What became of Brady and the others after this day of disaster, or how they escaped from their pursuers, I know not; but they were all separated, and Brady must have been alone for several weeks. It was now universally believed so complete was the defeat of the fugitives that all of them who had escaped capture on this fatal day, had perished in the most miserable manner in which life can terminate, namely, by starvation in the woods; and there ensued a period of welcome repose of three months duration, during all which time the newspapers of the colony are quite silent on the subject of bushranging.

But in the midst of this happy calm, the colony was suddenly startled by the news of the return of the irrepressible Brady to active life, whom every one thought, and perhaps hoped, was dead. This was near the end of November, but he was now alone, having failed to rejoin his sole surviving companion, McCabe.

It was after nightfall of the 26th November that he attacked, single-handed, the residence of a settler at a place called then Macquarie Springs, in the fine district of Jericho. The occupants of this solitary dwelling were the owner and his wife, and two farm labourers. These latter were convicts, as farm servants mostly were then, and were not much to be depended on, as their sympathies were too often with the enemy.

With his gun slung over his shoulder, and with a horsepistol in his hand, he approached the place, and knocking, the door was opened, and rushing in impetuously he commanded their instant submission, and overpowered and bound all the men, before they recovered from their surprise. “I am Brady,” said he, “surrender without a word, or ‘we’,” feigning there were more outside, “will give you no quarter.” His dauntless bearing terrified them into compliance, and he plundered the place at his leisure.

But just as he was leaving, the clatter of horses’ hoofs was heard approaching, and several horsemen galloped up. It was a moment of seeming peril, but their arrival in no way disconcerted him, and he stood his ground. He made no offer to retreat, and they on their part made none to advance. One of them it is said offered to lead a pursuit, but as no one else seemed to relish a scuffle with him, the proposal was not seconded. Brady observing their irresolution, and wishing to get rid of them, now turned upon them, and advanced with levelled gun to where they stood, which movement sent all these heroes to the right-about at once, and off they went at a galloping pace, which they never slackened till they were far enough out of range of Brady’s firelock. He then retreated himself.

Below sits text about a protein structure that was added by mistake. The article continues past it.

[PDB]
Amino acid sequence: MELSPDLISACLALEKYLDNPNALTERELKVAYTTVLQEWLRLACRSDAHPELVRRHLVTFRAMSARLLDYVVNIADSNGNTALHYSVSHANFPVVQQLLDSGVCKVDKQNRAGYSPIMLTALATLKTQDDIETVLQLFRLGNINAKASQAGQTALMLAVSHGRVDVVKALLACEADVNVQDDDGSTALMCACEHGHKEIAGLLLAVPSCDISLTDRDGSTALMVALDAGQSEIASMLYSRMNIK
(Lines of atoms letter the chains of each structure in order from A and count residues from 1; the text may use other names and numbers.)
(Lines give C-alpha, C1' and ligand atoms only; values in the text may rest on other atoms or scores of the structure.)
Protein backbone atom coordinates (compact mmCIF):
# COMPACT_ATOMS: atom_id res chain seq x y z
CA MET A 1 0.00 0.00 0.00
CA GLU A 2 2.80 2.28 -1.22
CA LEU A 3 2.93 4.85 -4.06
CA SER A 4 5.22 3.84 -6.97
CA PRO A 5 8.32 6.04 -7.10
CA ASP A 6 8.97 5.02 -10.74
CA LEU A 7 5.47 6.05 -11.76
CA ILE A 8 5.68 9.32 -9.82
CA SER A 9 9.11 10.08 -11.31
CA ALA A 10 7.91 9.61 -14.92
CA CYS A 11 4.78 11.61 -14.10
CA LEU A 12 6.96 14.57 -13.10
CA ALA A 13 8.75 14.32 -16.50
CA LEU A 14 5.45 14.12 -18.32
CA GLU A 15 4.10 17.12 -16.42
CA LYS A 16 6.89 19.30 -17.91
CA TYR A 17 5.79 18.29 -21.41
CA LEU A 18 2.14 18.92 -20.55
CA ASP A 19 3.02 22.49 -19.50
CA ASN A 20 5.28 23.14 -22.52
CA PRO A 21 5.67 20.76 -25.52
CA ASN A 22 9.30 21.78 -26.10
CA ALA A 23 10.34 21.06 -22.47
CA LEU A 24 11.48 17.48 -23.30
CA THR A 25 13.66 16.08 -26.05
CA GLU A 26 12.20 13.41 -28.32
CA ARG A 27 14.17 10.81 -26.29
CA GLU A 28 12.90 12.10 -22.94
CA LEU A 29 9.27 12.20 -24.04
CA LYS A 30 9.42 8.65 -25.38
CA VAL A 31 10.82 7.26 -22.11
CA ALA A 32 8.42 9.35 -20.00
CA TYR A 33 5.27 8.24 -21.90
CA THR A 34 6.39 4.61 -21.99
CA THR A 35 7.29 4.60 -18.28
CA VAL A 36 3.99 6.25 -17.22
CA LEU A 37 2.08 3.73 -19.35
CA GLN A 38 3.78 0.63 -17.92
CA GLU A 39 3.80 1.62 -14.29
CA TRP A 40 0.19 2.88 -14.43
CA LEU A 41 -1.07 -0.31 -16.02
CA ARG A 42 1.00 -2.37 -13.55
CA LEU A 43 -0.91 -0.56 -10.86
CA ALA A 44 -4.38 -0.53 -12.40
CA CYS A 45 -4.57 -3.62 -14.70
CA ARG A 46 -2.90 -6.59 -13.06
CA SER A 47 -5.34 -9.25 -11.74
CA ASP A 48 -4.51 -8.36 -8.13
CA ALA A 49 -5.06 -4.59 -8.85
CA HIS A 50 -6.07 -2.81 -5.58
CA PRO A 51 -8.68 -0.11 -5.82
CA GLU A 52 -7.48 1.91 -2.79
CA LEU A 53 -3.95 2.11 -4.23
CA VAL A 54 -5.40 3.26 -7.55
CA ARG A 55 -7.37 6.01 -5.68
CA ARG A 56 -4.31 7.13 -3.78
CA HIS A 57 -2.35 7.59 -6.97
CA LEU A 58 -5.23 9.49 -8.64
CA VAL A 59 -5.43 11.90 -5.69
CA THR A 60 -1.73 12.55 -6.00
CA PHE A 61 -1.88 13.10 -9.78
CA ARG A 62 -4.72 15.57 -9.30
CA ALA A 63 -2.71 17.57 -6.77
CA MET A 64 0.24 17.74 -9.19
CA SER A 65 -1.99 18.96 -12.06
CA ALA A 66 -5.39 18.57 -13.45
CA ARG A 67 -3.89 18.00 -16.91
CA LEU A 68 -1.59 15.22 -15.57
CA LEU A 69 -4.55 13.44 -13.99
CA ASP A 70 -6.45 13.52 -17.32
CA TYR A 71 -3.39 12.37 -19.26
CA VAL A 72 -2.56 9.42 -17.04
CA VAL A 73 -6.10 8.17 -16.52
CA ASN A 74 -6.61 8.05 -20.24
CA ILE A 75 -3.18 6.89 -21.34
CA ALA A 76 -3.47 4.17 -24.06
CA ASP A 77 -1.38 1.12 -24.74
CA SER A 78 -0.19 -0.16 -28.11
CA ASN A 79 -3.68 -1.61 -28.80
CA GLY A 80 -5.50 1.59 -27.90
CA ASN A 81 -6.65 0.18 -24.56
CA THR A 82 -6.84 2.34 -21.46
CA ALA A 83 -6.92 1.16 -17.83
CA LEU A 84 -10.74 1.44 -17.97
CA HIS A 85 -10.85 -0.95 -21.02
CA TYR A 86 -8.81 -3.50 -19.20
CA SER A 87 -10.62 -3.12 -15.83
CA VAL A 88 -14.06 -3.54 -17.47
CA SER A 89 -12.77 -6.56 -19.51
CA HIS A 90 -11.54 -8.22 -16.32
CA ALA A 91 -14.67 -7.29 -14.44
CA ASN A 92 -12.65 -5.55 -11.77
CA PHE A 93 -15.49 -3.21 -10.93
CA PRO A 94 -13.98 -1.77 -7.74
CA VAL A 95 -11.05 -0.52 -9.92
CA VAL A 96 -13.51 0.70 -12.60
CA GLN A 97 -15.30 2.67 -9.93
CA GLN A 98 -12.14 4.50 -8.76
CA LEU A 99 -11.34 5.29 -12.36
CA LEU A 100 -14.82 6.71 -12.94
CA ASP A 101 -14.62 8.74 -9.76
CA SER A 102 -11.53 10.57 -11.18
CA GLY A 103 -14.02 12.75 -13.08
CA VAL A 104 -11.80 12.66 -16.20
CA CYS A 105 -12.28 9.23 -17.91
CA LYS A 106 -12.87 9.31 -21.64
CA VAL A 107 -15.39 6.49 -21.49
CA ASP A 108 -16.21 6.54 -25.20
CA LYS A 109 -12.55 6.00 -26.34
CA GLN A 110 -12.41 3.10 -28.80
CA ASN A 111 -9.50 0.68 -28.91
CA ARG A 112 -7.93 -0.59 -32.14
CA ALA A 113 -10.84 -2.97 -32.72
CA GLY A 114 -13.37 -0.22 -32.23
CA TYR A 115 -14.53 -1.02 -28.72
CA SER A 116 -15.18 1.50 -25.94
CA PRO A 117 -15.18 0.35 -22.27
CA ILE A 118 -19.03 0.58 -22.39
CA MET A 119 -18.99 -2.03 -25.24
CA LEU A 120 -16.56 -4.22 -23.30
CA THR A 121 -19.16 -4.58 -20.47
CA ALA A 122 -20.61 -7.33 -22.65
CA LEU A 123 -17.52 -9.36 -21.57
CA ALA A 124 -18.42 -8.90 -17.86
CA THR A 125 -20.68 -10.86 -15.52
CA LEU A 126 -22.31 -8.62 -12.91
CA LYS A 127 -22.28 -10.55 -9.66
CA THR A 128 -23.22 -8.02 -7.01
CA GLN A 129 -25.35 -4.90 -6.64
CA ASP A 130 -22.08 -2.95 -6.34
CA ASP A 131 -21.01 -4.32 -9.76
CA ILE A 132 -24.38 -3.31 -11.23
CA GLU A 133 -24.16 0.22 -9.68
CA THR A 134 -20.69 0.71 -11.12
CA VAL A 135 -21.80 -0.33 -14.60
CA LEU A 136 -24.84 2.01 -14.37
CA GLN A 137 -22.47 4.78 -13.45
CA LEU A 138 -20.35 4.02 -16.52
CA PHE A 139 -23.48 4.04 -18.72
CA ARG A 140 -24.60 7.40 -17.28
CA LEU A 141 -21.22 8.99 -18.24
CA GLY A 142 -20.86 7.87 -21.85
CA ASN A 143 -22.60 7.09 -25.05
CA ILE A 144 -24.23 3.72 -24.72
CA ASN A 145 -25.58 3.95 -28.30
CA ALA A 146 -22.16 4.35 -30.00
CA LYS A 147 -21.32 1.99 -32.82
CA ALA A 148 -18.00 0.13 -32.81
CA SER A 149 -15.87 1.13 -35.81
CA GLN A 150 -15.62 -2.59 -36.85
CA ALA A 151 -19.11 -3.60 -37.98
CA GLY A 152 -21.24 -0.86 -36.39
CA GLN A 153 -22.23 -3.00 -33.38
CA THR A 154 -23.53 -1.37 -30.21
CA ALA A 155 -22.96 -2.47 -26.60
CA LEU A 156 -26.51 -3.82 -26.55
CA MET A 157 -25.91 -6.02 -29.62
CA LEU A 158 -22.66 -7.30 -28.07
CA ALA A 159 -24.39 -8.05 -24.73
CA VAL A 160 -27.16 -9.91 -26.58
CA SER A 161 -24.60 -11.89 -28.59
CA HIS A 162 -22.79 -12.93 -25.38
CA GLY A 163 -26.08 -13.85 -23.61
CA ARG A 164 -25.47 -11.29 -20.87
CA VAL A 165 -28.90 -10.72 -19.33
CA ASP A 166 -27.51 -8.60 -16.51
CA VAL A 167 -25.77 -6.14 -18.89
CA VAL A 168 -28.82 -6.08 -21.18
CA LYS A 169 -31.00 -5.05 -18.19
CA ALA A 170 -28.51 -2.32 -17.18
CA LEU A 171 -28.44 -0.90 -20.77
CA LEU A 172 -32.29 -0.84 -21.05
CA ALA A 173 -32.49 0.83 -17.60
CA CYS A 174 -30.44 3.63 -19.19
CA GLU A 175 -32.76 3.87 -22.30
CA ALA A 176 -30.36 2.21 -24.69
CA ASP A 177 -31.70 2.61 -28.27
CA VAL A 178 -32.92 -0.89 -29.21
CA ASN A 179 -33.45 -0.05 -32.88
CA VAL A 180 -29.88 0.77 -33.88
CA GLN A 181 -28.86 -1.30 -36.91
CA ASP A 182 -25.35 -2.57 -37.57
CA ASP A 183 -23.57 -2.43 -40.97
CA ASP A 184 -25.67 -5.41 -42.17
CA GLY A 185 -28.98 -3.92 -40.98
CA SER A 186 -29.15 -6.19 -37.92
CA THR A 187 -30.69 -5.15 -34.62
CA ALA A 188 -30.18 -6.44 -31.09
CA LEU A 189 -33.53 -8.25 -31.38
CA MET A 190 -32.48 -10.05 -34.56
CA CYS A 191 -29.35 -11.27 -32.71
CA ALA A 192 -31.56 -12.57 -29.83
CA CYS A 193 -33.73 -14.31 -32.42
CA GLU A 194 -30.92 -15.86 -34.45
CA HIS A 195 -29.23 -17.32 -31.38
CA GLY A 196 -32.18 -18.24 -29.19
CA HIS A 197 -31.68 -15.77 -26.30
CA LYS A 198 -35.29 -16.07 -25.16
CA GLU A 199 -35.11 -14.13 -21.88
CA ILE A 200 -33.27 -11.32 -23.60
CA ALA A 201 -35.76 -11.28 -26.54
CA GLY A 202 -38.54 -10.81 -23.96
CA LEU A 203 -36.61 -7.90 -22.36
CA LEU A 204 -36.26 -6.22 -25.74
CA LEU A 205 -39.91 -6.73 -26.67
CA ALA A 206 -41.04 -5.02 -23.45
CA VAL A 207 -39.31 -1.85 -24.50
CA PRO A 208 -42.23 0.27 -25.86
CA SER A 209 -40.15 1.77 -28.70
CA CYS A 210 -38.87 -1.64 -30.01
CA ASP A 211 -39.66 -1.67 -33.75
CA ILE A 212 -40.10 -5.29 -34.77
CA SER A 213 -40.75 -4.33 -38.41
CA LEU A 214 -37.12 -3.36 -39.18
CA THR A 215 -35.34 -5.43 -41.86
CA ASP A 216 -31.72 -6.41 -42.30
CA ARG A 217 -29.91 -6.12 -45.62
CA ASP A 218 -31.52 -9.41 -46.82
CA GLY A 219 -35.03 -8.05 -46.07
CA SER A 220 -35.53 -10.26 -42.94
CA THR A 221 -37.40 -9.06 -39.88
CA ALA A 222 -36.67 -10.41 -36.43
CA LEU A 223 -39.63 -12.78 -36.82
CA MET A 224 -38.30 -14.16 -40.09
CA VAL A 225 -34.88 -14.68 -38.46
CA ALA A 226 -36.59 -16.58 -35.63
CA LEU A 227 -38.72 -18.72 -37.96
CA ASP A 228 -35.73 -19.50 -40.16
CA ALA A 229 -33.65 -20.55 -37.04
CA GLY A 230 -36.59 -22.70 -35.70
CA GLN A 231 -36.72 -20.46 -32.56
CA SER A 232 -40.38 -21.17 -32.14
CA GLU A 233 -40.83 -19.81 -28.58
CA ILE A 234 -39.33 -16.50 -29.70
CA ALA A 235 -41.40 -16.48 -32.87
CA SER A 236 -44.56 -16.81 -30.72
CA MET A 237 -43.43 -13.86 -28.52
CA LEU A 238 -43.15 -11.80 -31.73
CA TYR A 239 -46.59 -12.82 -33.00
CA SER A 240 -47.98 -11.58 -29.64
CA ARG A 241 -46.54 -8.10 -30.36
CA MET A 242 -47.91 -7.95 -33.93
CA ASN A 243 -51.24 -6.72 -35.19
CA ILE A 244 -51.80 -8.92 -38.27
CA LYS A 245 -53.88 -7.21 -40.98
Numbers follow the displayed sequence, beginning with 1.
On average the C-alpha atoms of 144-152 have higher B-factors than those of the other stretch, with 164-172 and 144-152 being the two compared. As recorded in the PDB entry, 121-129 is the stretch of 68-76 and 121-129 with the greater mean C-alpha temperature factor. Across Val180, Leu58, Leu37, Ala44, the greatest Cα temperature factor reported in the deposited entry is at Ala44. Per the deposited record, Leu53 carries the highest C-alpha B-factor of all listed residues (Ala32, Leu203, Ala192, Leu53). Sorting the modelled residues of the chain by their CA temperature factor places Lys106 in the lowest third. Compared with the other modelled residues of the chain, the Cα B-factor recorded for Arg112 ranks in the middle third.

But he had too much judgment not to see that robbing by himself was too hazardous to be continued, so he retired into concealment, and was heard of no more, for another couple of months, being supported by secret colleagues, of whom he had several in the district.

It was about this time that he made the acquaintance of the only man to whom he was ever known to offer extraordinary violence, namely Thomas Kenton. This person was originally a sailor, and his ship a whaler touching at Norfolk Island, he there deserted her and found his way to Tasmania in 1810. He became a settler at Brown’s River, where he held a grant of 60 acres first surveyed by me, now the property of Mr. John Lucas, to whose father he sold it. We next hear of him as an officer of Police, and he received the respectable appointment of District Constable, “for the districts on the borders of the counties of Buckinghamshire and Cornwall,” in September of 1810, (these two counties then comprised all Tasmania), and was just about as fit for his office, as for the Primacy of England.

Of this man’s connection with Brady, very little has been preserved in any printed or written document that I can discover, and there is scarcely a trace of it in the newspapers of the period, which were the Gazette and Colonial Times. His death by Brady’s hand is indeed just mentioned by a Launceston correspondent of the last named paper as follows :–

“Yesterday,” (that is the 5th of March, 1826), “Brady deliberately shot Thomas Kenton, after giving him his reasons for doing so, viz. that he once asked him (Brady) to his hut, where some soldiers were then, who wounded him on the occasion.” (Colonial Times, March 10th, 1826.) We also learn in an after number, that this murder formed one of the charges for which Brady suffered, but nothing more I gather the following account of the cause that ultimately led to the murder of Kenton, from the gentleman who took the official depositions relating to the temporary capture of Brady at Kenton’s cabin.

Kenton occupied a remote hut, the position of which is unknown to me, and was often visited by Brady and McCabe, who had reunited some time in January, 1825. They were also associated at this time, with a very young man named Hyte. This youth was in the service of one of the most active and independent magistrates, who ever sat on the Tasmanian bench, Mr. T. G. Gregson. The youngster Hyte, was outwardly at least, so well conducted that his master had no suspicions of his fidelity, even when he was ever intriguing with Brady. In the end, he went off to the woods with the bushrangers; and it was this young fellow who first introduced them to Kenton, the inexperienced youth having no suspicion that he was none too trustworthy.